Robertson v. State of Nevada Department of Health and Human Services et al

Filing 28

ORDER granting ECF No. 12 Defendants' Motion to Dismiss; Plaintiff's first cause of action for First Amendment Retaliation and second cause of action for an Equal Protection violation are DISMISSED without prejudice; Plai ntiff has have until 08/07/2017 to file a final amended complaint; if an amended complaint is not filed, action to proceed only on plaintiff's Title VII and Rehabilitation Act claims. Amended Complaint deadline: 8/7/2017. Signed by Judge Larry R. Hicks on 07/18/2017. (Copies have been distributed pursuant to the NEF - KW)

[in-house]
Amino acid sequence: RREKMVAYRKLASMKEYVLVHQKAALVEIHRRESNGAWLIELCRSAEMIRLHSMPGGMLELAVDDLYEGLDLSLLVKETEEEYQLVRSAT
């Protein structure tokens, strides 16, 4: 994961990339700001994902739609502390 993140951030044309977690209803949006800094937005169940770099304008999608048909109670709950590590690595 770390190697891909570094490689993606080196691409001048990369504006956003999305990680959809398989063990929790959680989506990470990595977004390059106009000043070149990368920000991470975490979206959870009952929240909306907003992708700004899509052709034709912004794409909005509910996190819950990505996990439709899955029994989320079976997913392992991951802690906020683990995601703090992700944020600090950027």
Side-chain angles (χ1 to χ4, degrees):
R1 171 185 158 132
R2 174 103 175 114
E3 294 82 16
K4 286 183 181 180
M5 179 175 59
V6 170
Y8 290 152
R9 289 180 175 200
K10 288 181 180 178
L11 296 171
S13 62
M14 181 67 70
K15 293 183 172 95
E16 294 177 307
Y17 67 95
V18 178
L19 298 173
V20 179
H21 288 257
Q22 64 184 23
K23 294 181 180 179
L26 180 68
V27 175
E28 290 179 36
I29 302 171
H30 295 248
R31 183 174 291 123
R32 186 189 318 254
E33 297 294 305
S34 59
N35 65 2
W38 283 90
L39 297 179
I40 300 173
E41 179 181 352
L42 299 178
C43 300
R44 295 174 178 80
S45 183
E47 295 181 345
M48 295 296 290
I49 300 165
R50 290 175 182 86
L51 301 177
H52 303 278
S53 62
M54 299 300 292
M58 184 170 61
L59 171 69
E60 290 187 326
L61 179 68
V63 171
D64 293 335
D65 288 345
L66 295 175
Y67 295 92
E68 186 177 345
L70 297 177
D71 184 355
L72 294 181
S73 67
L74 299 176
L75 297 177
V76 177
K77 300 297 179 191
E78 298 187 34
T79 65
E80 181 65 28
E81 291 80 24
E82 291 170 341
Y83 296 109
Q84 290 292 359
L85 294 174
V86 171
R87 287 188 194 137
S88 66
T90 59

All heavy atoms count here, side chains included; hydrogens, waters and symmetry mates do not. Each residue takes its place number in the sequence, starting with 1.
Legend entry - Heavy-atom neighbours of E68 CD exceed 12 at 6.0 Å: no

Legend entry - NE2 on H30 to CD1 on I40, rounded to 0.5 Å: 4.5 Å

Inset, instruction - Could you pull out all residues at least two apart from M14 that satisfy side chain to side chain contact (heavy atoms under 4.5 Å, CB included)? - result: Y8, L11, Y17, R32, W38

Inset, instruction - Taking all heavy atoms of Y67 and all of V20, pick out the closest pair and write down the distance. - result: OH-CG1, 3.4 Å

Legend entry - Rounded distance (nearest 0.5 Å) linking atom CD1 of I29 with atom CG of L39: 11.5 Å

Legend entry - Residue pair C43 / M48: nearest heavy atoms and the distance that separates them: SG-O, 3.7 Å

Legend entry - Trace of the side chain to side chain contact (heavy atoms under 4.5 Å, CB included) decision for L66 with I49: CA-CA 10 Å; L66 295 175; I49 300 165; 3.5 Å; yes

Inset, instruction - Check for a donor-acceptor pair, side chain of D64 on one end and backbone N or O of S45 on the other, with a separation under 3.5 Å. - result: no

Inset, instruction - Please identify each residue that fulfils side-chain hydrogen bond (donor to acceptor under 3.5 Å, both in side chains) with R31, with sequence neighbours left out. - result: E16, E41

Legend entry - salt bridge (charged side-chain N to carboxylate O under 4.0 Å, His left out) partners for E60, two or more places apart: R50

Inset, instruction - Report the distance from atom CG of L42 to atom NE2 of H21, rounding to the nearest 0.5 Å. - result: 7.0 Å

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1 2 3 4 5 6 UNITED STATES DISTRICT COURT 7 DISTRICT OF NEVADA 8 9 *** DEVON ROBERTSON, an individual, Plaintiff, 10 11 12 13 14 v. Case No. 3:17-cv-00057-LRH-VPC STATE OF NEVADA ex rel. Dept. of Health ORDER and Human Services; RUSSELL KLEIN, an individual; and GREGORY THORNTON, an individual, 15 Defendants. 16 Before the court is defendants’ motion to dismiss plaintiff Devon Robertson’s 17 18 (“Robertson”) amended complaint (ECF No. 8). ECF No. 12. Plaintiff Robertson filed a response 19 (ECF No. 21) to which defendants replied (ECF No. 24). 20 I. Background On January 19, 2016, Robertson began employment as an academic teacher with 21 22 Independence High School (“Independence”), an accredited high school in Elko, Nevada, and 23 part of the State of Nevada Youth Training Camp operated by defendant State of Nevada 24 Department of Health and Human Services (“DHHS”). Defendant Russell Klein (“Klein”) was 25 the principal of Independence and functioned as Robertson’s direct supervisor. Defendant 26 Gregory Thornton (“Thornton”) is the superintendent of Independence and was Klein’s direct 27 supervisor. 28 /// 1 Robertson alleges that during her first few months at Independence, Klein began a 2 “campaign charged with sexual innuendo, romantic advances, and outright overtures of a sexual 3 nature” towards her which included an incident wherein Klein touched Robertson’s thigh while 4 making overt sexual comments. ECF No. 8 at ¶ 5. While Klein engaged in this sexually charged 5 behavior, he praised Robertson’s teaching acumen. For instance, in March 2016, Klein referred 6 to Robertson as a “veteran teacher who handled herself tremendously in the classroom” in an 7 email he sent to Thornton and other faculty. Id. at ¶ 4. After several months of Klein’s behavior, 8 on or about April 18, 2016, Robertson told Klein that she wanted a strictly professional 9 relationship. 10 After Robertson’s rebuke, Klein immediately changed his behavior and attitude toward 11 her. On April 21, 2016, Klein ordered Robertson to keep her classroom door open at all times. 12 Robertson notified Klein that this open-door policy violated the fire code, created a hostile 13 working environment, interfered with her ability to do her job, and violated her rights as a 14 disabled person, but Klein continued the policy. 1 Id. At the time, no other teacher at 15 Independence was subjected to the open-door policy. After this confrontation, Klein then began 16 ignoring Robertson and when forced to respond, did so in short, accusatory tones. Id. In 17 response, Robertson sought mediation through DHHS’s Department of Human Resources 18 (“HR”) to resolve her conflict with Klein, but her scheduled meeting was canceled. ¶ 6. A week later on April 28, 2016, Robertson met with Thornton and Klein for a scheduled 19 20 performance appraisal. Id. at ¶ 6. During the meeting, Thornton and Klein concluded that 21 Robertson met standards, but otherwise gave her a “disparaging appraisal”2 and recommended 22 that Robertson learn humility. Id. Robertson immediately contested the appraisal and a deputy 23 administrator ultimately increased her performance score and struck certain items from the 24 25 26 27 28 1 While the sexual harassment was ongoing, Robertson allegedly informed Klein and Thornton that she suffered from social anxiety and an auditory perception disorder. She alleges that Klein mandated this open-door policy because he knew it would aggravate her disabilities. ECF 12 at ¶ 8. 2 Robertson does not allege exactly what Klein and Thornton stated in their appraisal. She alleges only that it was “the worst performance appraisal she has ever had.” ECF No. 21 at 3. 2 1 record.3 Id. After Robertson initiated the appeal of her performance appraisal, Klein allegedly 2 stated that he and Thornton would seek to terminate her for “going over [their heads]” to HR. Id. The next day, Klein allegedly told Robertson that she needed to say that she would do 3 4 anything to keep her job. Id. at ¶8. Robertson refused and again told Klein that he was subjecting 5 her to a hostile work environment, violating the fire code, and violating her rights as a disabled 6 person. Id. Klein then told Robertson that Thornton had requested a meeting with her and that 7 she must tell Thornton that she would do anything to keep her job and that she needed to be 8 humble and “beg for forgiveness.” Robertson again refused. Id. at ¶ 10. After their latest discussion, Robertson alleges that Klein began to single her out and 9 10 falsely accuse her of tardiness. Id. For example, on May 4, 2016, Robertson arrived at 11 Independence 10 minutes early with another teacher, but Klein reprimanded Robertson for 12 tardiness, despite the other teacher informing Klein that they arrived together. Id. 13 In mid-July, Klein left Independence and was replaced by non-party Mikel Beardall 14 (“Beardall”). Id. at ¶ 11. In late September, Robertson raised new concerns to HR regarding 15 alleged bullying and intimidation by Thornton and Beardall. Id. Then, in early October, 16 Robertson voiced concerns to Beardall regarding Independence’s non-compliance with Special 17 Education, Response to Interventions (RTI), and English Language Learners (ELL) program 18 requirements. Id. During that conversation, Beardall allegedly told Robertson that the current 19 procedures would remain in effect and not to complain again. Id. Shortly thereafter, Robertson 20 filed intake paperwork with the Equal Employment Opportunity Commission (“EEOC”).4 Id. 21 Subsequently, on October 27, 2016, Thornton released Robertson from her probationary 22 employment period, thereby terminating her employment. Id. Thereafter, on January 31, 2017, 23 Robertson initiated this action against the defendants. ECF No. 1. 24 /// 25 /// 26 /// 27 3 Robertson does not state what items in the appraisal were struck from the record. Robertson does not provide the date of this filing, but asserts in her opposition that Thornton and Beardall became aware of her filing by October 27, 2016. ECF No. 21 at 9. 4 28 3 1 II. Legal Standard Defendants seek dismissal of certain claims in Robertson’s complaint pursuant to 2 3 Fed. R. Civ. P. 12(b)(6) for failing to state a claim upon which relief can be granted. A court 4 reviewing a motion to dismiss under 12(b)(6) accepts the facts alleged in the complaint as true. 5 To survive a 12(b)(6) motion, a complaint must contain “a short and plain statement of the claim 6 showing that the pleader is entitled to relief.” Id. at 8(a)(2). The Rule 8(a)(2) pleading standard 7 does not require detailed allegations, however, a pleading must be more than mere “‘labels and 8 conclusions’ or ‘a formulaic recitation of the elements of a cause of action.’” Ashcroft v. Iqbal, 9 556 U.S. 662, 678 (2009) (quoting Bell Atlantic Corp. v. Towmbly, 550 U.S. 544, 555 (2007)). 10 While the court does accept factual allegations as true, “bare assertions. . . amount[ing] to 11 nothing more than a formulaic recitation of the elements of a . . . claim . . . are not entitled to an 12 assumption of truth.” Moss v. Secret Serv., 572 F.3d 962, 969 (9th Cir. 2009) (quoting Iqbal, 556 13 U.S. at 679) (brackets in original) (internal quotation marks omitted). The court discounts these 14 allegations because “they do nothing more than state a legal conclusion–even if that conclusion 15 is cast in the form of a factual allegation. Id. (citing Iqbal, 556 U.S. at 679). 16 Furthermore, Rule 8(a)(2) of the Fed. R. Civ. P. requires a complaint to “contain 17 sufficient factual matter, accepted as true, to ‘state a claim to relief that is plausible on its face,’” 18 Iqbal, 556 U.S. at 678 (quoting Twombly, 550 U.S. at 570). A claim is facially plausible when 19 the pleaded facts allow the court to draw a reasonable inference, based on judicial experience and 20 common sense, that the defendant is liable for the alleged conduct. See id. at 678-9. The 21 standard asks for more than a mere possibility that a defendant has acted unlawfully. Id. at 678. 22 Where a complaint pleads facts that are merely consistent with a theory of liability, “it stops 23 short of the line between possibility and plausibility of entitlement to relief.” Id. Therefore, “for a 24 complaint to survive a motion to dismiss, the non-conclusory ‘factual content,’ and reasonable 25 inferences from that content, must be plausibly suggestive of a claim entitling the plaintiff to 26 relief.” Moss, 572 F.3d at 969. 27 /// 28 /// 4 1 III. Discussion In her first amended complaint, Robertson makes three claims for relief. See ECF No. 8. 2 3 First, Robertson alleges that Klein and Thornton violated her First Amendment rights by 4 retaliating against her for engaging in constitutionally protected speech. Second, Robertson 5 alleges a Title VII claim for sexual harassment and hostile work environment.5 Finally, 6 Robertson alleges that Klein and Thornton discriminated against her because of her disabilities in 7 violation of the Rehabilitation Act. In their motion to dismiss, defendants move to dismiss all of 8 Robertson’s claims except her Title VII claim. ECF No. 24. The court shall address each claim 9 below. 10 A. 11 In her first claim for relief, Robertson alleges that Klein and Thornton retaliated against First Amendment Retaliation 12 her for engaging in protected speech during her employment. See ECF No. 8. To state a claim for 13 a violation of her First Amendment rights, Robertson must allege that: (1) she engaged in 14 protected speech; (2) that she was subjected to an “adverse employment action”; and (3) that her 15 speech was a “substantial or motivating” factor for the adverse employment action. Board of 16 County Com’rs, Wabaunsee County, Kan. v. Umbehr, 518 U.S. 668, 675-6 (1996). An employee 17 engages in protected speech when that speech addresses “a matter of legitimate public concern.” 18 Pickering v. Bd of Educ., 391 U.S. 563, 571 (1968). This includes speech divulging information 19 necessary for the public to “make informed decisions about the operation of their government,” 20 but not information relating to personnel disputes. Coszalter v. City of Salem, 320 F.3d 968, 973 21 (9th Cir. 2003) (quoting Thornhill v. Alabama, 310 U.S. 88, 102 (1940)). 22 In her complaint, Robertson alleges seven instances of protected speech: (1) the April 18, 23 2016 discussion with Klein where Robertson told him she wanted a strictly professional 24 relationship; (2) the April 21, 2016 conversation with Klein where Robertson reported that the 25 open-door policy violated fire code; (3) the April 21, 2016 conversation with HR requesting 26 mediation with Klein to resolve their dispute; (4) the April 29, 2016 discussion with Klein during 27 5 28 Robertson also seems to allege a separate Equal Protection claim against Klein arising from the same factual allegations. 5 1 which Robertson refused to go to Thornton to “beg for forgiveness” and again told Klein that he 2 was violating the fire code and her rights as a disabled person; (5) a May 26, 2016 report to 3 OSHA wherein Robertson reported the fire code violation; (6) an early October conversation in 4 which Robertson raised concerns with Beardall regarding Independence’s non-compliance with 5 Special Education, RTI, and ELL requirements; and (7) the filing of Robertson’s EEOC 6 complaint. See ECF No. 8. The court has reviewed the allegations in the complaint and finds that 7 only the fifth and seventh instances constitute protected speech. Robertson’s first allegation 8 concerned a “personnel dispute” between her and Klein and is not protected as a matter of law. 9 Coszalter, 320 F.3d at 974. The second, third, fourth, and sixth allegations involve unprotected 10 speech because Robertson’s complaint about the school’s compliance with the fire code and 11 various educational requirements were only given internally and necessarily fall within the scope 12 of Robertson’s duties. See Ledford v. Idaho Dept. of Juvenile Corrections, 658 Fed. Appx. 312, 13 315 (9th Cir. 2016) (finding that an employee’s internally raised concerns over compliance with 14 safety code was within the scope of employment and thus, not protected speech). Thus, 15 Robertson has alleged only two instances of protected speech: the May 26, 2016 OSHA report 16 and the filing of her EEOC complaint. The court shall therefore only evaluate the alleged adverse 17 employment actions in relation to those two acts of protected speech. 18 In her complaint, Robertson alleges that both Klein and Thornton engaged in several 19 retaliatory adverse employment actions during her short employment. As to Klein, Robertson 20 alleges four adverse employment actions: (1) the open-door policy, (2) the performance 21 evaluation, (3) his statements that Robertson needed to say she would “do anything” to keep her 22 job and that she needed to go to Thornton and “beg for forgiveness;” and (4) the tardiness 23 reprimands. In determining whether an adverse employment action has occurred “the inquiry is 24 whether ‘the exercise of the first amendment rights [would be reasonably] deterred’ by the . . . 25 actions.” Coszalter, 320 F.3d at 975 (quoting Allen v. Scribner, 812 F.2d 426, 434 (9th Cir. 26 1987)). The “act of retaliation need not be severe and it need not be of a certain kind.” Id. 27 However, “when an employer’s response includes only minor acts, such as ‘bad-mouthing’ that 28 cannot be reasonably expected to deter protected speech, such acts do not violate an employee’s 6 1 First Amendment rights.” Id. at 976. Here, the court finds that the alleged adverse employment 2 actions do not constitute retaliation. First, Klein’s first and second adverse actions took place in 3 April 2016 after incidents of unprotected speech and prior to Robertson’s May 16 OSHA 4 complaint. Thus, even if these actions constituted adverse employment actions, they cannot 5 satisfy a claim for First Amendment retaliation as a matter of law. Board of County Com’rs, 518 6 U.S. at 675-6. Second, Klein’s third and fourth alleged actions are minor acts that cannot 7 reasonably be expected to deter any protected speech and are likewise insufficient to constitute 8 adverse employment actions. Id. Thus, Robertson has failed to sufficiently allege a First 9 Amendment retaliation claim against defendant Klein. 10 As to defendant Thornton, Robertson alleges two adverse employment actions: (1) the 11 performance evaluation and (2) her termination after she filed the EEOC complaint. The court 12 finds both allegations insufficient. First, as addressed above, the performance evaluation does not 13 constitute retaliation as a matter of law because it was given after an incident of unprotected 14 speech. Second, as to her termination, Robertson fails to allege in her complaint that Thornton 15 was aware of her EEOC filing when he released her from her probationary period. Further, 16 nowhere in her complaint does Robertson identify the date she filed her complaint with the 17 EEOC. Therefore, the court finds that Robertson has also failed to plead her First Amendment 18 retaliation claim against Thornton. Accordingly, the court shall grant defendants’ motion as to 19 this claim. 20 B. 21 In her second claim, Robertson alleges a Title VII claim against defendants for sexual Robertson’s Second Claim 22 harassment and a hostile work environment. However, it also appears to the court and the 23 defendants that Robertson is also alleging an Equal Protection claim for the same conduct. To the 24 extent that Robertson alleges a Title VII complaint, defendants accept her allegations and do not 25 move to dismiss this claim. As such, Robertson’s Title VII claim shall move forward. To the 26 extent that Robertson alleges an Equal Protection claim, defendants argue that she fails to state a 27 claim under 18 U.S.C. § 1983. ECF No. 21. The court agrees. 28 /// 7 1 A plaintiff alleging an Equal Protection violation must show: (1) defendants put in place 2 a policy that creates a classification of individuals; and (2) the ends served by the classification 3 are insufficient to justify the classification. See generally New York City Transit Authority v. 4 Beazer, 440 U.S. 568 (1979); Minnesota v. Clover Leaf Creamery, 449 U.S. 456 (1981). Here, 5 Robertson has failed to allege that there was a gender-based policy of discrimination or that the 6 defendants engaged in classification of employees based on their gender. In fact, Robertson fails 7 to allege that other female employees at Independence were treated unfairly or in a manner 8 similar to how Klein or Thornton treated her. Rather, all of Robertson’s allegations relate to 9 discrimination directed exclusively at her and no other employee at Independence. Thus, her 10 complaint alleges only a class of one. A “class-of-one theory of Equal Protection has no 11 application in the public employment context.” Enguist v. Or. Dept. of Agr., 553 U.S. 591, 607 12 (2008). Therefore, to the extent Robertson has alleged an Equal Protection claim, the court shall 13 dismiss that claim. 14 C. 15 In her final claim, Robertson alleges that Klein and Thornton discriminated against her Rehabilitation Act 16 because of her disabilities in violation of the Rehabilitation Act. The Rehabilitation Act, codified 17 at 29 U.S.C. § 701 et seq., prohibits employment discrimination based on an employee’s 18 disability. To state a valid claim for relief against an employer or supervisor under the 19 Rehabilitation Act for failure to provide reasonable accommodation, Robertson must allege that: 20 (1) she has a disability as defined in the statute, (2) she was a qualified individual able to perform 21 the essential functions of her job, (3) that defendants were informed of the special needs that 22 Robertson required due to her disabilities, and (4) that her accommodations would have been 23 reasonable. See Vinson v. Thomas, 288 F.3d 1145, 1152-4 (9th Cir. 2002). 24 The court has reviewed Robertson’s claim and finds that she has sufficiently alleged a 25 claim upon which relief can be granted. Robertson alleges that she has two disabilities 26 recognized under the Rehabilitation Act; social anxiety disorder and an auditory perception 27 disorder. ECF No. 8 at ¶ 8. Robertson has also alleged that she was qualified to perform her job 28 and performed it sufficiently when she was terminated. Further, Robertson has alleged that she 8 1 informed Klein that she suffered from the above identified disabilities prior to his discriminatory 2 and retaliatory conduct. Drawing all reasonable inferences in Robertson’s favor, the court finds it 3 plausible that Klein implemented the open-door policy knowing that it would aggravate 4 Robertson’s disabilities, especially in light of the allegation that Klein continued this policy after 5 Robertson confronted him about his actions. Therefore, the court shall deny defendant’s motion 6 on this claim. 7 IV. 8 9 Leave to Amend Fed. R. Civ. P. 15(a)(2) vests the court with authority to grant a party leave to amend their complaint after that party has already amended their complaint as a matter of right. 10 Although Robertson’s amended complaint fails to allege several elements in support of her 11 claims, she has indicated in her opposition that she could rectify the identified pleading defects. 12 See ECF No. 21. Therefore, the court shall grant Robertson leave to file one final amended 13 complaint. 14 15 IT IS THEREFORE ORDERED defendants’ motion to dismiss (ECF No. 12) is granted 16 in accordance with this order. Plaintiff Devon Robertson’s first cause of action for First 17 Amendment Retaliation and second cause of action for an Equal Protection violation are 18 DISMISSED without prejudice. 19 IS IT FURTHER ORDERED that plaintiff shall have twenty (20) days after entry of this 20 order to file a final amended complaint, if any. If plaintiff does not file a final amended 21 complaint, this action shall proceed only on plaintiff’s Title VII and Rehabilitation Act claims. 22 IT IS SO ORDERED. 23 DATED this 18th day of July, 2017. 24 LARRY R. HICKS UNITED STATES DISTRICT JUDGE 25 26 27 28 9